Penny and Bob's Great Adventure - 2012 travel blog

Our campsite at Mountain Road RV Park

Don't know if this is a weird antenna ... or some road...

Tucumcari Mountain

Historic Route 66 goes right through the town

Scenes at the Quay County Fair






End of the day at the Fair

Some Tucumcari history


Beautiful building signs












Today we moved the 193 miles to Tucumcari, NM, a little town right along Route 66 although we got there via I-40. According to legend, the town got it's name after a nearby mesa that, according to Wikipedia, got it's name from the Indians:

Legend has it that Apache Chief Wautonomah was nearing the end of his time on earth and was troubled by the question of who would succeed him as ruler of the tribe. In a classic portrait of love and competition, his two finest braves, Tonopah and Tocom, not only were rivals and sworn enemies of one another, but were both vying for the hand of Kari, Chief Wantonomah's daughter. Kari knew her heart belonged to Tocom. Chief Wautonomah beckened Tonopah and Tocom to his side and announced, "Soon I must die and one of you must succeed me as chief. Tonight you must take your long knives and meet in combat to settle the matter between you. He who survives shall be the Chief and have for his wife Kari, my daughter."

As ordered, the two braves met, with knives outstretched, in mortal combat. Unknown to either brave was that Kari was hiding nearby. When Tonopah's knife found the heart of Tocom, the young squaw rushed from her hiding place and used a knife to take Tonopah's life as well as her own.

When Chief Wautonomah was shown this tragic scene, heartbreak enveloped him and he buried his daughter's knife deep into his own heart, crying out in agony, "Tocom-Kari"!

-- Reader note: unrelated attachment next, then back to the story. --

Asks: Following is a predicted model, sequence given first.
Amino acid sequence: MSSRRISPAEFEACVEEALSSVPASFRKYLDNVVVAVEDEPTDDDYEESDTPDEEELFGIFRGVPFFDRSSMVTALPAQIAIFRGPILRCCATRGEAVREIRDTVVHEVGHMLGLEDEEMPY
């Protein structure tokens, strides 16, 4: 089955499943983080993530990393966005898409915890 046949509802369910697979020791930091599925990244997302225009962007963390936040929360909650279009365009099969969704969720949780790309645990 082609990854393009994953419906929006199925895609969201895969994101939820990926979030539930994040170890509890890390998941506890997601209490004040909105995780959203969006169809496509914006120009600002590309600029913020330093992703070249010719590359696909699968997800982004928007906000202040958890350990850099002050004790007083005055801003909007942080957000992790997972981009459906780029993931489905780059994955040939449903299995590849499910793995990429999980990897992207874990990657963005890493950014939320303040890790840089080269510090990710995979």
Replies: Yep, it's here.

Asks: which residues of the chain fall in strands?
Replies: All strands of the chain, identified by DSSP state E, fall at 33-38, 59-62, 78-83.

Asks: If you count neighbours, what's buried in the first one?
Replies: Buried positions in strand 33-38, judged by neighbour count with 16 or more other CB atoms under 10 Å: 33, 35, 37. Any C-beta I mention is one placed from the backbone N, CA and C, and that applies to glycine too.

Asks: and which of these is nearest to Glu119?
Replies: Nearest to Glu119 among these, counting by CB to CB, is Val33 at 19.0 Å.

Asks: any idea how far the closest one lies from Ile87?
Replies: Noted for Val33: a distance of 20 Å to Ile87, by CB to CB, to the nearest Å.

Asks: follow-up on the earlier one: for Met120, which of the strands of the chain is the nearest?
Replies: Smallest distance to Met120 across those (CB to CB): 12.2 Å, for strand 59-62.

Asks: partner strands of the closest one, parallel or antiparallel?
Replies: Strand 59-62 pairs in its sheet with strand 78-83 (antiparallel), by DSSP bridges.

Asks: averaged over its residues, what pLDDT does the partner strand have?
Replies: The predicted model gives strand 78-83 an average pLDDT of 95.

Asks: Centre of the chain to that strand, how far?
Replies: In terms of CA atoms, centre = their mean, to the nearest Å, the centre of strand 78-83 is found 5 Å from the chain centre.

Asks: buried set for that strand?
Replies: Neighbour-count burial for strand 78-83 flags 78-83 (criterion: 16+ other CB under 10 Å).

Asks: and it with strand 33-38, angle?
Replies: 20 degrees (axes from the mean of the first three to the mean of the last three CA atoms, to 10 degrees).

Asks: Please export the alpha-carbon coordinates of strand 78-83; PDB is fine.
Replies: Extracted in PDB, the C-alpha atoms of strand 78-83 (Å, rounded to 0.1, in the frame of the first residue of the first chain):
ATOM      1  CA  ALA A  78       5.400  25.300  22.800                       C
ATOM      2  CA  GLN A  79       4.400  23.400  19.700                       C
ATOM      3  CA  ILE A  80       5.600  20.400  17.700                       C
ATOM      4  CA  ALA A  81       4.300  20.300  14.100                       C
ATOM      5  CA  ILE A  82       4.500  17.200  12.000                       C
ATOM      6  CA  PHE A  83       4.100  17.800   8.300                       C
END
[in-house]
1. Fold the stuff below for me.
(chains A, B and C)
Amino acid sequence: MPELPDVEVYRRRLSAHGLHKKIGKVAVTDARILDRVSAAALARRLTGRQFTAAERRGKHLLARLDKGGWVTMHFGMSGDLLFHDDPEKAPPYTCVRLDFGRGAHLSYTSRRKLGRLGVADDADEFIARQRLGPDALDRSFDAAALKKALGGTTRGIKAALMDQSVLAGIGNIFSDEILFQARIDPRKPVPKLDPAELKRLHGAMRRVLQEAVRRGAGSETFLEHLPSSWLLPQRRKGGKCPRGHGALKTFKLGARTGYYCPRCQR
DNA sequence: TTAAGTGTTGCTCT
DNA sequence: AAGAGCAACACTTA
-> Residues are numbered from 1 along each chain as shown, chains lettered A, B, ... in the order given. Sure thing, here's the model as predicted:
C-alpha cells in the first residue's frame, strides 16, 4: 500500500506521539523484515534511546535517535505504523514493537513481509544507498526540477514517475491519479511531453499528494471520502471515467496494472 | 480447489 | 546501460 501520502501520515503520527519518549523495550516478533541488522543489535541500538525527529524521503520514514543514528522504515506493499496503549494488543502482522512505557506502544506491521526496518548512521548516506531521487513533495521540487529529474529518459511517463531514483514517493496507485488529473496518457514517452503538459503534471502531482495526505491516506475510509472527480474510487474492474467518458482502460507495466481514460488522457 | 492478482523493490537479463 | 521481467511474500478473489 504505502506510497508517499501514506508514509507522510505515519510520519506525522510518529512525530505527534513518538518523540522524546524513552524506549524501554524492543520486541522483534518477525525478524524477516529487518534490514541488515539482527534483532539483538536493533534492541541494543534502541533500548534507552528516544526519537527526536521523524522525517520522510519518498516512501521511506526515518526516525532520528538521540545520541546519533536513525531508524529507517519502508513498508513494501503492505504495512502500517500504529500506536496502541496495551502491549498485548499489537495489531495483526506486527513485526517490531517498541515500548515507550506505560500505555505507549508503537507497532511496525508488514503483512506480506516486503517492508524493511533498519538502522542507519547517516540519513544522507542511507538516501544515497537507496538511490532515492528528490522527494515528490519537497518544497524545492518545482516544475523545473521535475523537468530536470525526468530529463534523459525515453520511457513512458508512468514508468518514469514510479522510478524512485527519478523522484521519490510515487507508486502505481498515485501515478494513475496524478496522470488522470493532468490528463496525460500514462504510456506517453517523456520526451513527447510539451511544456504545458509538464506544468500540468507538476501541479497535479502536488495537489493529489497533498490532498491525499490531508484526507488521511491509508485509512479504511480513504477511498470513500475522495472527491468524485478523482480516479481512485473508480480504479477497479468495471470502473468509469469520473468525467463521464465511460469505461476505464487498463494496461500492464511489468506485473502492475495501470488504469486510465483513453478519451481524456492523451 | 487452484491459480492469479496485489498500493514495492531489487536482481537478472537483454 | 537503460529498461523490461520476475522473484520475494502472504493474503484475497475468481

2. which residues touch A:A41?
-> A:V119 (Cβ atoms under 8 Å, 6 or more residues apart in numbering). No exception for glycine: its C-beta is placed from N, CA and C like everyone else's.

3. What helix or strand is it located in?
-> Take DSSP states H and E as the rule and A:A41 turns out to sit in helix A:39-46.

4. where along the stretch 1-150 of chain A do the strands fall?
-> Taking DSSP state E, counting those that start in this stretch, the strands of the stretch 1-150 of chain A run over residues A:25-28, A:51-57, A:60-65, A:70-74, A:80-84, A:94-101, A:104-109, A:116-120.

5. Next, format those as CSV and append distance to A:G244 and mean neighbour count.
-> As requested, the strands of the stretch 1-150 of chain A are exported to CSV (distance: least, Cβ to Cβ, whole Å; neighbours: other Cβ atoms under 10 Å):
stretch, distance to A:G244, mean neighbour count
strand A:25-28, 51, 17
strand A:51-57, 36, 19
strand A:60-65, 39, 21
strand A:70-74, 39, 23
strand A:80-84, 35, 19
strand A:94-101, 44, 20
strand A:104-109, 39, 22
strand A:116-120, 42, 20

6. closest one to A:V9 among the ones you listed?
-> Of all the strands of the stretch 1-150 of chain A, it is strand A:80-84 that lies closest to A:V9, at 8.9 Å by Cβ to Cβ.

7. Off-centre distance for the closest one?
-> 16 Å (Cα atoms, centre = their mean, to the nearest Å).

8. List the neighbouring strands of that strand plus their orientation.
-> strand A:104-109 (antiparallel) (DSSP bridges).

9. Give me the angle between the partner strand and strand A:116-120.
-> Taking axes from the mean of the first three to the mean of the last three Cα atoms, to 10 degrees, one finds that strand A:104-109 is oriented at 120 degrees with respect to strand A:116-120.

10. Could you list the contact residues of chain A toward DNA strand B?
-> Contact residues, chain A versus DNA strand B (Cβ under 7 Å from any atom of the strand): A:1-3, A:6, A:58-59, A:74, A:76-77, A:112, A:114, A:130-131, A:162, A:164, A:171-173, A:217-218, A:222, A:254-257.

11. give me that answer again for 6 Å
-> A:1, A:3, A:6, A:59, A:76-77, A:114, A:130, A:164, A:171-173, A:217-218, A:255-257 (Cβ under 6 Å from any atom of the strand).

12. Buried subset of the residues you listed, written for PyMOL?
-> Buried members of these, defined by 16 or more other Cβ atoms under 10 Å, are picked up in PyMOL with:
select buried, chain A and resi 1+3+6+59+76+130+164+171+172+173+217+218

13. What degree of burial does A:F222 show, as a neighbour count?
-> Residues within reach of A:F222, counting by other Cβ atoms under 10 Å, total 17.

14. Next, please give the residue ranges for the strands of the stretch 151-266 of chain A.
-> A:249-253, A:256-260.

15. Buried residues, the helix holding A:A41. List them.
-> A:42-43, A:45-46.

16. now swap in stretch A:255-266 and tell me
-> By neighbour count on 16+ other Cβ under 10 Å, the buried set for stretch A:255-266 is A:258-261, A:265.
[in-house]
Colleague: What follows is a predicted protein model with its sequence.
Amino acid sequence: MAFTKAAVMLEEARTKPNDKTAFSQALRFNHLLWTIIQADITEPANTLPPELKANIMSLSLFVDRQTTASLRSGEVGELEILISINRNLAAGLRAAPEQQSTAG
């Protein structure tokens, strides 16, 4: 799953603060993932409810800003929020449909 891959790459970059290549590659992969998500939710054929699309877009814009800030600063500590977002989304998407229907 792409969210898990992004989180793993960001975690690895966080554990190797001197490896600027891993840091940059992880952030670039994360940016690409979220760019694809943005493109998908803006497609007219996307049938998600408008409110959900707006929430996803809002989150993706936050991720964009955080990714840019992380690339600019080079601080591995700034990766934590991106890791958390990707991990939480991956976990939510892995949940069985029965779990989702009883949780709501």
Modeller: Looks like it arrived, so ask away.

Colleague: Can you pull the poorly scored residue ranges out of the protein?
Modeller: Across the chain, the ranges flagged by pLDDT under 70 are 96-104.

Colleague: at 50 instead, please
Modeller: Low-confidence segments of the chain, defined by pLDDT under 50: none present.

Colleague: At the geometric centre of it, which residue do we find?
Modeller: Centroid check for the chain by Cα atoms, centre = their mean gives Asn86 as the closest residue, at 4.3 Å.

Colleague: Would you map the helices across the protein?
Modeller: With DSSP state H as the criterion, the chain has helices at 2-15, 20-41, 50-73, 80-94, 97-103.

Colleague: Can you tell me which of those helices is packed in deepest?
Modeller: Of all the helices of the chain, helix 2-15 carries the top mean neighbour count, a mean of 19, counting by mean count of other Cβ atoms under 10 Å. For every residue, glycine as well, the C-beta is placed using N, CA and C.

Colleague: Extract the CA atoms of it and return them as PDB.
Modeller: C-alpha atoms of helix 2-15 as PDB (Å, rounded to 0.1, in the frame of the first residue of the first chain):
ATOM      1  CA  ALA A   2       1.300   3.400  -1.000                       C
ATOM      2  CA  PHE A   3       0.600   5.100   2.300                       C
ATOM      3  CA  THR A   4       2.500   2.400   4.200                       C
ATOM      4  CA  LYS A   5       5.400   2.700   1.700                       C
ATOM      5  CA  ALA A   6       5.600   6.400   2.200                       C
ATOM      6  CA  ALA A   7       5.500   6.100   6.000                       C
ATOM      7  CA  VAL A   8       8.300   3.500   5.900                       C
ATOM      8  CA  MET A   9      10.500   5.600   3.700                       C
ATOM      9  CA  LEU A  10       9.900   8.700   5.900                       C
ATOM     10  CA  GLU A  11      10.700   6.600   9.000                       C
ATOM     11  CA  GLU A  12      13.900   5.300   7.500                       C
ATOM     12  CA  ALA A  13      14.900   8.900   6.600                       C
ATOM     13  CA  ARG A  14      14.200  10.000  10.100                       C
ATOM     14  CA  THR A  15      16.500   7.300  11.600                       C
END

A slight variation of the Chief's dying words lives on today as Tucumcari, and the mountain that bears this name stands as a stark reminder of unfulfilled love.

Some credit this folk tale to Geronimo. Others, believing the claims to be apocryphal, purport the tale variously to have been concocted by anyone from a 1907 Methodist minister to a group of local business people seated together at the old Elk Drugstore each embellishing the stories one by one. Nonetheless, the town is named for Tucumcari Mountain, which in turn takes its name from native origins.

Pulled into the Mountain Road RV Park around 1:00. Got set-up then drove to town to mosey around the Quay County Fair. This is the last day and most all the animals have gone home but there were still some sheep, pigs and cattle there. After spending about 2 hours there, off we went in search of dinner. Ended up at the Rockin' Y restaurant where we had a very good meal.

The next day we did some more exploring around town and marveled at the fantastic paintings on the buildings. There is some great artwork there. After that, we drove north 30-something miles to the Conchas Lake State Park. This whole area is part of the drought and it's a shame to see how some lakes have dried up completely while others have but a mere trickle of a creek left. Conchas Lake is down but there were people there fishing, camping and swimming.

Back to the camper to get ready for the trip to our old standby on the east side of Amarillo, Texas...AOK Camper park.

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